So, let us hope that the ICC does not let up on its fight against corruption in cricket and that Blatter’s and Platini’s noble words (quoted above) are translated into action to kick corruption out of the “beautiful game”; and let us see how each of them fares against the fraudster barons of cricket and football, who are hell bent on destroying the integrity of these noble and popular sports and their very souls, for their own selfish and financial ends and gains.

This is certainly not cricket, to use a popular sporting expression, and neither is it “the beautiful game” of football! Nor, I would add, is it sport in any shape or form! In fact, the complete opposite!


1. Paper presented at the International Academy of Sports Science and Technology in Lausanne, Switzerland (2013-06-03).

1 As Albert Einstein put it succinctly: “You have to learn the rules of the game. And then you have to play better than anyone else.” Or, as Sir Henry Newbolt put it in his famous poem ‘Vitai Lampada’: “Play up! Play up! And play the game!”

2. Sport is now an industry in its own right, worth globally more than 3% of world trade, and, in the European Union, sport accounts for 3.7% of the combined GNP of the twenty-seven member States.

3. For examples of corruption in various sports, see the report entitled Why Sport is not immune to Corruption published by EPAS and The Council of Europe 2008-12-01: www.coe.int/t/dg4/epas/Source/Ressources/EPAS_INFO _Bures_en.pdf (accessed 2013-09-18).

4. See Anderson, Blackshaw & Siekmann (eds) Sports Betting: Law and Policy (2011).

5. See Press Release of 2013-05-23 on the three-day seminar of EU Athletes, the Federation representing some 25,000 elite athletes in Europe, on “Education against Match-fixing” held in Berlin. The education campaign is based on six main principles: know the rules of your sport relating to betting; it is safest never to bet on your own sport; be careful about handling sensitive information; fixing any part of an event is an absolute no-no; report any approaches; fixers will be caught: suspicious bets are monitored.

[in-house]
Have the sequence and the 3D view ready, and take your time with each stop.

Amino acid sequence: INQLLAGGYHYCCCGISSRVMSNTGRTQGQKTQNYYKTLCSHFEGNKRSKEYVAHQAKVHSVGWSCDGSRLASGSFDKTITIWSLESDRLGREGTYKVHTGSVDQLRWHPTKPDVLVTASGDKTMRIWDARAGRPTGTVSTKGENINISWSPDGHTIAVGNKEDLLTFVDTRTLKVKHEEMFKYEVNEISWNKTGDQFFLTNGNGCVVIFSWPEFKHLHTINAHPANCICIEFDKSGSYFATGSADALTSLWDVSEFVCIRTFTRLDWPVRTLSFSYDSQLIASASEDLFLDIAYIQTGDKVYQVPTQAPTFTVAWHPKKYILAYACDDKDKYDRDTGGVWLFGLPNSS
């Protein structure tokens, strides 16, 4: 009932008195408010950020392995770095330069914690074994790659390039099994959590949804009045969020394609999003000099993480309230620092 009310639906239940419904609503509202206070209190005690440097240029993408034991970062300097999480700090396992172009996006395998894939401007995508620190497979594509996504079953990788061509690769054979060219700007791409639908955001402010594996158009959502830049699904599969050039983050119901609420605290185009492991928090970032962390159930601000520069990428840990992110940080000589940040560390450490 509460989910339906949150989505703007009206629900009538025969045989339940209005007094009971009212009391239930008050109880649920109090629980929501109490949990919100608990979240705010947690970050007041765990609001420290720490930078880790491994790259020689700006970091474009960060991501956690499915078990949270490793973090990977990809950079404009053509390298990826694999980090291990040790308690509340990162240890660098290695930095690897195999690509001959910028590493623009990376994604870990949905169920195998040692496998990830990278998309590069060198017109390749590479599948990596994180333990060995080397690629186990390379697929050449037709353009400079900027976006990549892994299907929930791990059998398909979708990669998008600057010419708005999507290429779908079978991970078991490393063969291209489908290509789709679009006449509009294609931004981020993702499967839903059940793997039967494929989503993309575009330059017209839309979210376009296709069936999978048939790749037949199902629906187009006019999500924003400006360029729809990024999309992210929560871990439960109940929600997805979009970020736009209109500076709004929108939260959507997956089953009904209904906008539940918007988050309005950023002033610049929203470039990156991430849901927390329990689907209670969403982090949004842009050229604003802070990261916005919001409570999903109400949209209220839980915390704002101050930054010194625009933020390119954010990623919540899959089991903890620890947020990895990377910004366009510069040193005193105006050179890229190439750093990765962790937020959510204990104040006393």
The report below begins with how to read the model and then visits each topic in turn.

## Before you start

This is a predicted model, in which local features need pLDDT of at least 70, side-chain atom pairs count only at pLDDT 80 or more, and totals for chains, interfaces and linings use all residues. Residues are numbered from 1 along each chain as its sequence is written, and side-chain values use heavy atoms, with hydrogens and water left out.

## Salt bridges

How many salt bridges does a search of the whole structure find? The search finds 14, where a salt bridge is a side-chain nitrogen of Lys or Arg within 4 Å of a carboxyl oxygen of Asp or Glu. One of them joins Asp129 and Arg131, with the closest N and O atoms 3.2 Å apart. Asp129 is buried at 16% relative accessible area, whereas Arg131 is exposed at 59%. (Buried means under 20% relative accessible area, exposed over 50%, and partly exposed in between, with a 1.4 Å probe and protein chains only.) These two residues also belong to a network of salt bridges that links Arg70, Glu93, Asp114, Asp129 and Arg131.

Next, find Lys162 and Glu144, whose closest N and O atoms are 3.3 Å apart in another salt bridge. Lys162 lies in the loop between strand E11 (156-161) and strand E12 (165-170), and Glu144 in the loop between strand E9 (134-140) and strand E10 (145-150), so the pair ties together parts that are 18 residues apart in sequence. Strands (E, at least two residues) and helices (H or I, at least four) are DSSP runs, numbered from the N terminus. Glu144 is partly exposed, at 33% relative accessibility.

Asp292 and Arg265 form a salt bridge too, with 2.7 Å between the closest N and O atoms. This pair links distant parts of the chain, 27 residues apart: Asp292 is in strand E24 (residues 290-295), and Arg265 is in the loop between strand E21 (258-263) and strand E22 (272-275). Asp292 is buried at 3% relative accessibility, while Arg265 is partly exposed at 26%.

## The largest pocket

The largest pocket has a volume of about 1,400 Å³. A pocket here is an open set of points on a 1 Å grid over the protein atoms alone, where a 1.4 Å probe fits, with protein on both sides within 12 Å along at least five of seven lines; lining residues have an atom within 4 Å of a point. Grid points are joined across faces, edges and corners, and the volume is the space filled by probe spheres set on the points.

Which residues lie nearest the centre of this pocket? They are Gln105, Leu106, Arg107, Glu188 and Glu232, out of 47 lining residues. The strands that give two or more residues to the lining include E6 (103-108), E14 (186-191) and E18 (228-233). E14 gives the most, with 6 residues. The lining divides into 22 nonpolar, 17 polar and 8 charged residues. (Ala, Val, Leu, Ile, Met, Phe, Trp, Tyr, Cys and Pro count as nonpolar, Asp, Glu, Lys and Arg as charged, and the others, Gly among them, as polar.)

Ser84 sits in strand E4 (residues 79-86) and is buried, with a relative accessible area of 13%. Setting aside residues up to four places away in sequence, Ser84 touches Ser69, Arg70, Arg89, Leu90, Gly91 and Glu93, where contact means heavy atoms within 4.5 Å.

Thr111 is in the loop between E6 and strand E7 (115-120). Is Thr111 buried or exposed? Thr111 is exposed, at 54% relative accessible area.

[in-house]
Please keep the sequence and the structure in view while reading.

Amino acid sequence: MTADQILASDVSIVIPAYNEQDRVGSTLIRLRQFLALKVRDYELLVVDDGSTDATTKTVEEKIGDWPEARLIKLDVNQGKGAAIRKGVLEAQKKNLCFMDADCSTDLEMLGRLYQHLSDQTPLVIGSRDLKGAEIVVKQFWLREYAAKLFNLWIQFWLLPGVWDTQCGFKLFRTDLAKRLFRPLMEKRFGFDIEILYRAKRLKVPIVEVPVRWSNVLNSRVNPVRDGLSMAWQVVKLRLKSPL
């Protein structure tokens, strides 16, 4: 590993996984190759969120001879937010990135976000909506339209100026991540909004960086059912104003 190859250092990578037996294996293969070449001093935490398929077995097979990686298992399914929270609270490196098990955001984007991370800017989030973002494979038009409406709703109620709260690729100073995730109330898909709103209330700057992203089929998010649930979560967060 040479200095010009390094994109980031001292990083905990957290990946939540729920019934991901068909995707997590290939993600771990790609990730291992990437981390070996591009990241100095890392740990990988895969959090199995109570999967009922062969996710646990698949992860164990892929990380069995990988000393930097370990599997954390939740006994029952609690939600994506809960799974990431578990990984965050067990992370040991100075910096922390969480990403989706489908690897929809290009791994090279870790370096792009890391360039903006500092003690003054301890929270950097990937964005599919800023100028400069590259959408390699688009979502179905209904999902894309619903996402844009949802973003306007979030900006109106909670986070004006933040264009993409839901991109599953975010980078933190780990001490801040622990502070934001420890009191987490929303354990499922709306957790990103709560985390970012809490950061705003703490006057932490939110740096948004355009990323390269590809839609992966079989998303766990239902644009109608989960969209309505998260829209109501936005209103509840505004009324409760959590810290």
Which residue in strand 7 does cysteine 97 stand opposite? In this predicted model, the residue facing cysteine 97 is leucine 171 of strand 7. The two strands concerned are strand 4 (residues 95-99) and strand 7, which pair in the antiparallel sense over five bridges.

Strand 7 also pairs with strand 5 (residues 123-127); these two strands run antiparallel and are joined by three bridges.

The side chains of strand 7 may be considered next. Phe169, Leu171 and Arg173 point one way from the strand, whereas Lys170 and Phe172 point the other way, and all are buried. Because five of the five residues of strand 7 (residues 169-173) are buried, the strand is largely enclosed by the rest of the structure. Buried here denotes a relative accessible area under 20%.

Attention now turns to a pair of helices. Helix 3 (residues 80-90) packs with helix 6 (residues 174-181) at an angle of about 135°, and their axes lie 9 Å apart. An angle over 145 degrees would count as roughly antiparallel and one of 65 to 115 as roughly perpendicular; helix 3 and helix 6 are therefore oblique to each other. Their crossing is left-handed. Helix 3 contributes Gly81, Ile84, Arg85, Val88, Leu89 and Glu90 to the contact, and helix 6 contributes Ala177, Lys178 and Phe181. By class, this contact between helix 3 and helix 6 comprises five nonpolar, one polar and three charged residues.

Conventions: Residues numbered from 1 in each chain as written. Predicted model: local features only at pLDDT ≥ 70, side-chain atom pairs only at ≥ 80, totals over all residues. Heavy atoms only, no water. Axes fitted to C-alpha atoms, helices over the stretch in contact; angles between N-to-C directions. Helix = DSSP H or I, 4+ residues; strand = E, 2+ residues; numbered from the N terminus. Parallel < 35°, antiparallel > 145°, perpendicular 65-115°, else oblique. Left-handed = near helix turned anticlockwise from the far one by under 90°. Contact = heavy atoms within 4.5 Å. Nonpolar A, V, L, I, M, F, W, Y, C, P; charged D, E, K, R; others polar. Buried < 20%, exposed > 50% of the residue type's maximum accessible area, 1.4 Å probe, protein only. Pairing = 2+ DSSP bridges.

6. The genteel game of cricket is probably the last sport where corruption might be expected to take place! However, cricket, in recent years, has become more professional and, as such, may have lost touch with its so-called Corinthian values. Take, for example, the relatively new Indian Premier League (IPL), where players can become “stars” and millionaires overnight! The IPL has also recently been affected by “spot fixing” by three members of a leading IPL team, the Rajasthan Royals. See further on this at www.cricketcountry.com/cricket-articles/Live-Updates-IPL-2013-spot-fixing-controversy-mdash-Ravi-Shastri-to-head-3-member-BCCI-probe-team/26933 (accessed 2013-09-18).

7. For further details of this scandal Blackshaw “Match Fixing in Cricket” The Times 2010-08-31.

8. “Cricket’s Underworld: Fighting Illegal Gambling and Match-fixing” June 2013 Global Sports Law and Taxation Reports 17.

9. See Blackshaw “Kicking illegal betting out of football” at AISLC/2010-01-26, and, in particular, details of the “Early Warning System” (EWS) introduced in 2005 by FIFA. The aim of EWS is to identify irregular betting patterns and manipulation of gaming in international sport. The system is primarily geared towards prevention, wherever possible. But, where this not possible and illegal betting is identified after the event, EWS is available to assist sports governing bodies in pursuing offenders with appropriate sporting sanctions.

10. Idem.

11. For further information on this development, see Blackshaw “FIFA to set up Anti Corruption Body” posted on www.sportslaw.nl at AISLC/2011-01-07 (accessed 2013-09-18).

12. For an interesting in-depth review of and comments on this major criminal case of match fixing in football, see Yazicoglu “See no evil, hear no evil, speak no evil ... and it will all disappear: The biggest corruption scandal in Turkish football’s history” December 2012/3-4 Int Sports LJ 12.

13. The fourth major sports club is Galatasaray SK.

14. President and Vice-President of Trabzonspor.

15. The offer has been made to the footballers by their manager, Yusuf Turanli. Serdar Adali, the vice-president of Besiktas at the date, was also involved.

16. Ibrahim Akin and Iskender Alin.

17. Istanbul Büyüksehir Belediye Spor (IBB Spor).

18. Approximately €7,725,000.

19. Approximately €9 million.

20. Approximately €6,425,000.

21. Approximately €6,860,000.

22. Approximately €27,460,000.

23. Approximately €21,365,000.

24. See Carpenter “There’s no Vettel in team: sporting match-fixing in F1?” www.lawinsport.com, posted on 2013-03-31(accessed 2013-09-18).